Brazilian truck and bus sales picked up strongly last year following the country’s long recession, and now both OEMs and logistics providers are hoping the trend continues
Brazil’s economy is slowly emerging from a multi-year recession. Companies are gradually becoming more confident, investment and credit are re-emerging and long-delayed projects are returning to fruition. The country’s GDP growth is expected to reach around 2.5% this year, while inflation remains at 4%, the benchmark Selic interest rate is sitting at 6.5%, and unemployment is slowly improving at around 10%.
In 2018, vehicle manufacturers recorded robust growth in bus and truck sales. OEMs say that Brazil still has pent-up demand for trucks and buses and the outlook this year is bright, with favourable economic indicators and new reform-minded economy minister, Paulo Guedes, aiming to drive pension reforms and privatisation programmes through.
Carlos Santiago, chief operations officer at Mercedes-Benz do Brasil, expects truck sales to be boosted by the need to transport agricultural products, like soy and corn, as well as fuel and chemicals, and also by new civil engineering works. In the case of buses, sales should be propelled by those renewing or expanding urban bus and coach fleets. “We expect double-digit sales growth [for both trucks and buses] that will be reflected in higher production volumes this year,” he says.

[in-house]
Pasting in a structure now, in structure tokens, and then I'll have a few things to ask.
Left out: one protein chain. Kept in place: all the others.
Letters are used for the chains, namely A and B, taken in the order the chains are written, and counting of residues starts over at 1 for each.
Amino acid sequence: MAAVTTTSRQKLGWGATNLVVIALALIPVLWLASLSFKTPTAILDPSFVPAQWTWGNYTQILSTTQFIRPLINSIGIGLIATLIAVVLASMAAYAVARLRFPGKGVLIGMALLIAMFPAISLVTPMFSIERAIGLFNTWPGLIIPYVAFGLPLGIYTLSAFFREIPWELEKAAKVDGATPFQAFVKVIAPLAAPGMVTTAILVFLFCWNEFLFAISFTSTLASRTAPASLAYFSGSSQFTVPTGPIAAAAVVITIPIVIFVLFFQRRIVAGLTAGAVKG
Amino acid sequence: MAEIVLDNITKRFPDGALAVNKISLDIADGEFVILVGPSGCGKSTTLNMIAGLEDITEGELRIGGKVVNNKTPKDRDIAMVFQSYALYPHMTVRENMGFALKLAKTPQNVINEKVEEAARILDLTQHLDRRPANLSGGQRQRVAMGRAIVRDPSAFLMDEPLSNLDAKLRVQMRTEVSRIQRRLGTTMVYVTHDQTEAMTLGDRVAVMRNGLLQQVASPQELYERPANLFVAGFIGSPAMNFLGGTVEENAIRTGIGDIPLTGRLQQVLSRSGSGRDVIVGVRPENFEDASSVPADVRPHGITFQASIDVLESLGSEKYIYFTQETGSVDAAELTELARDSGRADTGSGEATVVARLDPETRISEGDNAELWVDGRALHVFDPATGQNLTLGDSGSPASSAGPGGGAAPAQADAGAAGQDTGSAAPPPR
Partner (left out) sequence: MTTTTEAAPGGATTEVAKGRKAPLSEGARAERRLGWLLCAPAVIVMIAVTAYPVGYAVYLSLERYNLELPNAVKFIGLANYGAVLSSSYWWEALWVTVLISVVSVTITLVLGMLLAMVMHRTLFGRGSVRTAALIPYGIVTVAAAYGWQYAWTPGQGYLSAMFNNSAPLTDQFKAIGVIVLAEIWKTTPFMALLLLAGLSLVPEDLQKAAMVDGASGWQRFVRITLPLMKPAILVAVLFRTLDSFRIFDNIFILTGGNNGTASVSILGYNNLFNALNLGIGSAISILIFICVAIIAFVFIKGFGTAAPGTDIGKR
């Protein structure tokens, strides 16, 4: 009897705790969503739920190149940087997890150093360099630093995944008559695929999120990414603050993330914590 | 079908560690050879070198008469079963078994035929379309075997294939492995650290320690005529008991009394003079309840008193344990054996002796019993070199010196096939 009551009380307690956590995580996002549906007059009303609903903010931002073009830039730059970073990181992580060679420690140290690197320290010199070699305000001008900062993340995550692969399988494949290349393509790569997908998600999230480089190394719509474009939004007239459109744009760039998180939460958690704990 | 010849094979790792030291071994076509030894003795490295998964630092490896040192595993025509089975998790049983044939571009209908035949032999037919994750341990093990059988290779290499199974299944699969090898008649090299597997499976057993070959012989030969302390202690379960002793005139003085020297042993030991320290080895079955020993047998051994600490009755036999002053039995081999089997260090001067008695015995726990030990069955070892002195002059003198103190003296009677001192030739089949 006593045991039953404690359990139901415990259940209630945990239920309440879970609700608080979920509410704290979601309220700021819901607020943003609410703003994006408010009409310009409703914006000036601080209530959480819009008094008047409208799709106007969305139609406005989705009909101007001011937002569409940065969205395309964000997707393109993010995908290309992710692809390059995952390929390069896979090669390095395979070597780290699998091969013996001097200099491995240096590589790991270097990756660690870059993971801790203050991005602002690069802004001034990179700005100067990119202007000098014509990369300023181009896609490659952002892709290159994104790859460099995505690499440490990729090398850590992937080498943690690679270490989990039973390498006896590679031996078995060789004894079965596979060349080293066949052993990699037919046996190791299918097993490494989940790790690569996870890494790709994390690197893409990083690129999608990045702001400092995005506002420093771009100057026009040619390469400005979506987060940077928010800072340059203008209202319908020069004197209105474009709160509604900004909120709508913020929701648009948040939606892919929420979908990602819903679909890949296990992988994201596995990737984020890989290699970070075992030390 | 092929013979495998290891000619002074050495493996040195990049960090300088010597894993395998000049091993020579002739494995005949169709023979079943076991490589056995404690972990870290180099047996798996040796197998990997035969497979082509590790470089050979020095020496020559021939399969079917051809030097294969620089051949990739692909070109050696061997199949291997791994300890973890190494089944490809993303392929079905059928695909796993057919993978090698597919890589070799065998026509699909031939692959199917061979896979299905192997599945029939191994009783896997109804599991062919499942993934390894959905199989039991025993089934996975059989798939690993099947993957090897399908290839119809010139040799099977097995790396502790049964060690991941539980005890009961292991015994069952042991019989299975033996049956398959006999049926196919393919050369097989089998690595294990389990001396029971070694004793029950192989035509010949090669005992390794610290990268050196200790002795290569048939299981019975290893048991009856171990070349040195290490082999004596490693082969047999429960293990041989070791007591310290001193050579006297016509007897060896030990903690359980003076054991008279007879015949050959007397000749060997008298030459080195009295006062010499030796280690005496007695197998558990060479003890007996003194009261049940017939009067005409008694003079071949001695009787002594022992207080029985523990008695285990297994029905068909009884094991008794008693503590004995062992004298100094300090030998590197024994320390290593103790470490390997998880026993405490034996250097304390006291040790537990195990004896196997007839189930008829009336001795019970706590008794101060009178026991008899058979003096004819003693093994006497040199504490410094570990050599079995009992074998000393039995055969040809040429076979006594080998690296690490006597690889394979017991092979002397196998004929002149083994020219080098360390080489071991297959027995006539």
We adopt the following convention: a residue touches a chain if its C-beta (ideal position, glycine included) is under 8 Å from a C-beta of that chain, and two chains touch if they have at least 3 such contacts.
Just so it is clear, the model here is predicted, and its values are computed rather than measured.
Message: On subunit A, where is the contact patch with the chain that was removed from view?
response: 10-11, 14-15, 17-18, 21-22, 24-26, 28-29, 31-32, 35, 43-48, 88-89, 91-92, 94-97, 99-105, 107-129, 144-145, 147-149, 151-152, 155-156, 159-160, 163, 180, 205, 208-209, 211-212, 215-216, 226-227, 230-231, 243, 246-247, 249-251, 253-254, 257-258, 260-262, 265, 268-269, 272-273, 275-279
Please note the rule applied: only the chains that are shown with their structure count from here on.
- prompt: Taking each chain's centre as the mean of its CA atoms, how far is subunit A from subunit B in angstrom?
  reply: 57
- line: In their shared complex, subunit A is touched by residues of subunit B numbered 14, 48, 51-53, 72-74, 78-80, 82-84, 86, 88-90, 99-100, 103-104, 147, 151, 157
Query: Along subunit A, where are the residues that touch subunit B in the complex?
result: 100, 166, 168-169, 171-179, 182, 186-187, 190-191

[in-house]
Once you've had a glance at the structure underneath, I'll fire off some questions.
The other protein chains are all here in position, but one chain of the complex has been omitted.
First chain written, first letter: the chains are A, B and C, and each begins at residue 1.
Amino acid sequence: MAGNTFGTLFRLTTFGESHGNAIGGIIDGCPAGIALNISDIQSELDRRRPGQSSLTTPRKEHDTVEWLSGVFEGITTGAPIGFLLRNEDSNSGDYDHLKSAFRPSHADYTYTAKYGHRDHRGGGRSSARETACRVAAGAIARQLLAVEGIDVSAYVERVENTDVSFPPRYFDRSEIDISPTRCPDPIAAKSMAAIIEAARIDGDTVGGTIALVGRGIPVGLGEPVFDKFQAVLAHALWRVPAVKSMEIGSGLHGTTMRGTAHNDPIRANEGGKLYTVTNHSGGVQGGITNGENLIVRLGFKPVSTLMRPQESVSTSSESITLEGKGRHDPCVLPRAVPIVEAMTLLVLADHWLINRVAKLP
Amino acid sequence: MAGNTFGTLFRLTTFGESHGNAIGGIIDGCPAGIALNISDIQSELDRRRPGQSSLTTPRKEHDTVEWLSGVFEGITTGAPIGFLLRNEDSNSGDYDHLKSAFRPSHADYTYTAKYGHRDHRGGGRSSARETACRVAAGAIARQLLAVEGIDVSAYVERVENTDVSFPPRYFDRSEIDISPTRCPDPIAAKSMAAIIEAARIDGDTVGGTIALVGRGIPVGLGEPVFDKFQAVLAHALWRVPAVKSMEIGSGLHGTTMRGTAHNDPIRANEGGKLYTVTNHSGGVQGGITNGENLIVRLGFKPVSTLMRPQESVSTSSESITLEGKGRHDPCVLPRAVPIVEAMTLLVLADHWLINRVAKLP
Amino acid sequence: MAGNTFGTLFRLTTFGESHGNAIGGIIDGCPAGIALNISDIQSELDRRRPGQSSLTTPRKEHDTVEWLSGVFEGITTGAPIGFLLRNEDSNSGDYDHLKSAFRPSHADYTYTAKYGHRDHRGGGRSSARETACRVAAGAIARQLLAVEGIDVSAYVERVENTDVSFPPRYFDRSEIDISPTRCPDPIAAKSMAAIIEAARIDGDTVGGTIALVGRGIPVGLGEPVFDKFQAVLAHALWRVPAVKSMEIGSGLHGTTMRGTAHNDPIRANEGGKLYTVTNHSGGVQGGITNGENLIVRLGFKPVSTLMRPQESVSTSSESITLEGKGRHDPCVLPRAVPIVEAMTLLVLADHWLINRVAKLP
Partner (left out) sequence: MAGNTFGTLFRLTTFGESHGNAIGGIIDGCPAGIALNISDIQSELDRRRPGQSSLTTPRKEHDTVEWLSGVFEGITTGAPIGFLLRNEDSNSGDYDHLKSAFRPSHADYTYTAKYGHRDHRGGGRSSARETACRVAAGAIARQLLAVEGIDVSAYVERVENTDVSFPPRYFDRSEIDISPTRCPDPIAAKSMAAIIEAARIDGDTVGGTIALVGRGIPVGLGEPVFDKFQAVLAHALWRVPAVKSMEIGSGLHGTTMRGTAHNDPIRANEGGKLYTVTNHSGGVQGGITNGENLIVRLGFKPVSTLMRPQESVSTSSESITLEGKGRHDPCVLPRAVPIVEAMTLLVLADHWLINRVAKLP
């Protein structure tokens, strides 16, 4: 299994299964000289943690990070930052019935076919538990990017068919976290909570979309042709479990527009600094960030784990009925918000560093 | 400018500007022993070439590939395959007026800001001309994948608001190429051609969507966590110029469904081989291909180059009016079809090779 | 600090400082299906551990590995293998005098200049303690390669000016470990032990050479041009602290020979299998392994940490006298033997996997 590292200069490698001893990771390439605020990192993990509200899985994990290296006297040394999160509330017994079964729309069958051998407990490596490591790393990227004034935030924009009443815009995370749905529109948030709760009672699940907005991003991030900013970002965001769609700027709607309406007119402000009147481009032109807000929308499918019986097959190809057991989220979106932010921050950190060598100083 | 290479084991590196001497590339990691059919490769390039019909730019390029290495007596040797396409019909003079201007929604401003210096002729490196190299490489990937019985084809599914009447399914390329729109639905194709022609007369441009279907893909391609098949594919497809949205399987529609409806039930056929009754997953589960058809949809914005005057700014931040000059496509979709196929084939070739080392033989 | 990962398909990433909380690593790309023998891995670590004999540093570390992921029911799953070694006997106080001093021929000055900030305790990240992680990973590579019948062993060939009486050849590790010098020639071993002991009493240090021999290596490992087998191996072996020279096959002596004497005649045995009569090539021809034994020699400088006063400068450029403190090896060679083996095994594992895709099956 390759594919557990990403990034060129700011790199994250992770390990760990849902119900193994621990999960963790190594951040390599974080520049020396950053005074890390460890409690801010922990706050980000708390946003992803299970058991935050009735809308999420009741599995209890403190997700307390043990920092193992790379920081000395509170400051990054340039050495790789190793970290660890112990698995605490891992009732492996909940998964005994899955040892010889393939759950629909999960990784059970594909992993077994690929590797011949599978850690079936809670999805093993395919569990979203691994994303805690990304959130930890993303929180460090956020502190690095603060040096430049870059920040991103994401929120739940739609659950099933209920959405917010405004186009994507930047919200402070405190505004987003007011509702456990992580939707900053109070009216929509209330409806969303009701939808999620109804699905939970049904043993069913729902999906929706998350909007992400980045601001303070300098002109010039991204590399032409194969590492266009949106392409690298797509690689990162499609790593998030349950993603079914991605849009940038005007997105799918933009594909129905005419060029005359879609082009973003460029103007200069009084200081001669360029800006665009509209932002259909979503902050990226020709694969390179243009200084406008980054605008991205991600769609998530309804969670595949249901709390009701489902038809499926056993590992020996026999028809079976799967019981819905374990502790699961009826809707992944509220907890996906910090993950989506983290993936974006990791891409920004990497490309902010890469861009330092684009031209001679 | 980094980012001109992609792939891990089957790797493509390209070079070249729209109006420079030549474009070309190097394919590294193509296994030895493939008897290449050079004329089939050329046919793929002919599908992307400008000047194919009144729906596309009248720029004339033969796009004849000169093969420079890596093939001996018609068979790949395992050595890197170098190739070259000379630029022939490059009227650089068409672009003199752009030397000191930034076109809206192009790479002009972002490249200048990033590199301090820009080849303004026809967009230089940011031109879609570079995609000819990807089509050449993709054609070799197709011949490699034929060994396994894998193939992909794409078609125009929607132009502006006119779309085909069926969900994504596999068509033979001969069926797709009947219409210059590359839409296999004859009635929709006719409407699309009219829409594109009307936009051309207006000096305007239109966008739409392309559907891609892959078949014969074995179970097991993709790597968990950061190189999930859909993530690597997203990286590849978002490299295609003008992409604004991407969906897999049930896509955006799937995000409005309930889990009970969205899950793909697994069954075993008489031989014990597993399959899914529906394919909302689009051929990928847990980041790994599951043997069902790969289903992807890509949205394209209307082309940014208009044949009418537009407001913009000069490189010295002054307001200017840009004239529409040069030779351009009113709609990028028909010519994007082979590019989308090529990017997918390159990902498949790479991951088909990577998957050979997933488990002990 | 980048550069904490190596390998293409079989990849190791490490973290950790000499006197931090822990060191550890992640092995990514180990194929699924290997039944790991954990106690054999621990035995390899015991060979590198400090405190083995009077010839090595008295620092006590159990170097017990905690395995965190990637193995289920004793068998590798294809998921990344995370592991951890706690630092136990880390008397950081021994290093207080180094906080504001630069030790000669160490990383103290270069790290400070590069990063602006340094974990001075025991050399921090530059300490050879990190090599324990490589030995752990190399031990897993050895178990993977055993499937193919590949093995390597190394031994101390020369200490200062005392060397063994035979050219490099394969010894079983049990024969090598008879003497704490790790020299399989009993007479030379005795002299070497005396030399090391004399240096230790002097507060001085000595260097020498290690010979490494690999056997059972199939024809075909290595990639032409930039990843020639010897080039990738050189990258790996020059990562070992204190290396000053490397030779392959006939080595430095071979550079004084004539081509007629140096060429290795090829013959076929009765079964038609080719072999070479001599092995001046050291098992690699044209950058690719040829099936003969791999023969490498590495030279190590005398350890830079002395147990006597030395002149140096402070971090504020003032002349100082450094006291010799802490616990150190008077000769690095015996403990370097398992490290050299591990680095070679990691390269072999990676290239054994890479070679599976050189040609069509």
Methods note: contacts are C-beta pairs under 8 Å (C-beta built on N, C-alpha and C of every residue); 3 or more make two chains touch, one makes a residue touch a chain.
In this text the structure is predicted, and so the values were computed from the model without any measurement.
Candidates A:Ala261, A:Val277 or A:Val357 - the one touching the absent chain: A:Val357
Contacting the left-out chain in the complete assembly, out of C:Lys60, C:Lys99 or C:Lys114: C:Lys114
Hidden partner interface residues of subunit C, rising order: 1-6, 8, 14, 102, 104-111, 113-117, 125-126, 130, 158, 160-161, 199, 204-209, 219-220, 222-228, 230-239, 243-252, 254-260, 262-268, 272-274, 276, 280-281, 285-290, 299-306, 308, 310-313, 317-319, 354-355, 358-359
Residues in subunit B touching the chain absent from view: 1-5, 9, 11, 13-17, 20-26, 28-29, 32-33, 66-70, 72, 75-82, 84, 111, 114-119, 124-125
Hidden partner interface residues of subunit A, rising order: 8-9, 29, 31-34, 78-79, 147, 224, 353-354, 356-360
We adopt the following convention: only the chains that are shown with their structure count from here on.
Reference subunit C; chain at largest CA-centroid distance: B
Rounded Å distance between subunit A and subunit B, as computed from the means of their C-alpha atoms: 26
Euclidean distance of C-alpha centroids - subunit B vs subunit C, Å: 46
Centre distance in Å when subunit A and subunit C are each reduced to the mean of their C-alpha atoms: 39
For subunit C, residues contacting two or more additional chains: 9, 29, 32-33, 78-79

Brazil’s National Association of Automotive Vehicle Manufacturers (Anfavea) also paints a positive picture. In 2018, 75,987 trucks were sold by its members, up 46% year-on-year. Of these, Mercedes-Benz accounted for 21,152 units, MAN for 20,242, Scania 8,643, Volvo 10,642, Ford 9,314 and Iveco 2,786. Bus sales also outperformed, it says, reaching a total of 15,081 units in 2018, up 28%. Mercedes-Benz accounted for 7,457 units, MAN for 3,417 and Iveco 1,018 (Marcopolo was not included in the list).
But despite moving forward, the segment faces difficulties. In mid-February, Ford announced that it would shut its giant plant in São Bernardo do Campo, in São Paulo state, which produces some 33,000 trucks and cars a year, employing 3,000 staff in a three-day-a-week operation. The plant had been operating at just 60% of maximum capacity and 19% of its truck capacity, as a result of Ford relying more heavily on its plant in Bahia state. The OEM said it would shut its heavy truck operation in South America as part of its global restructuring.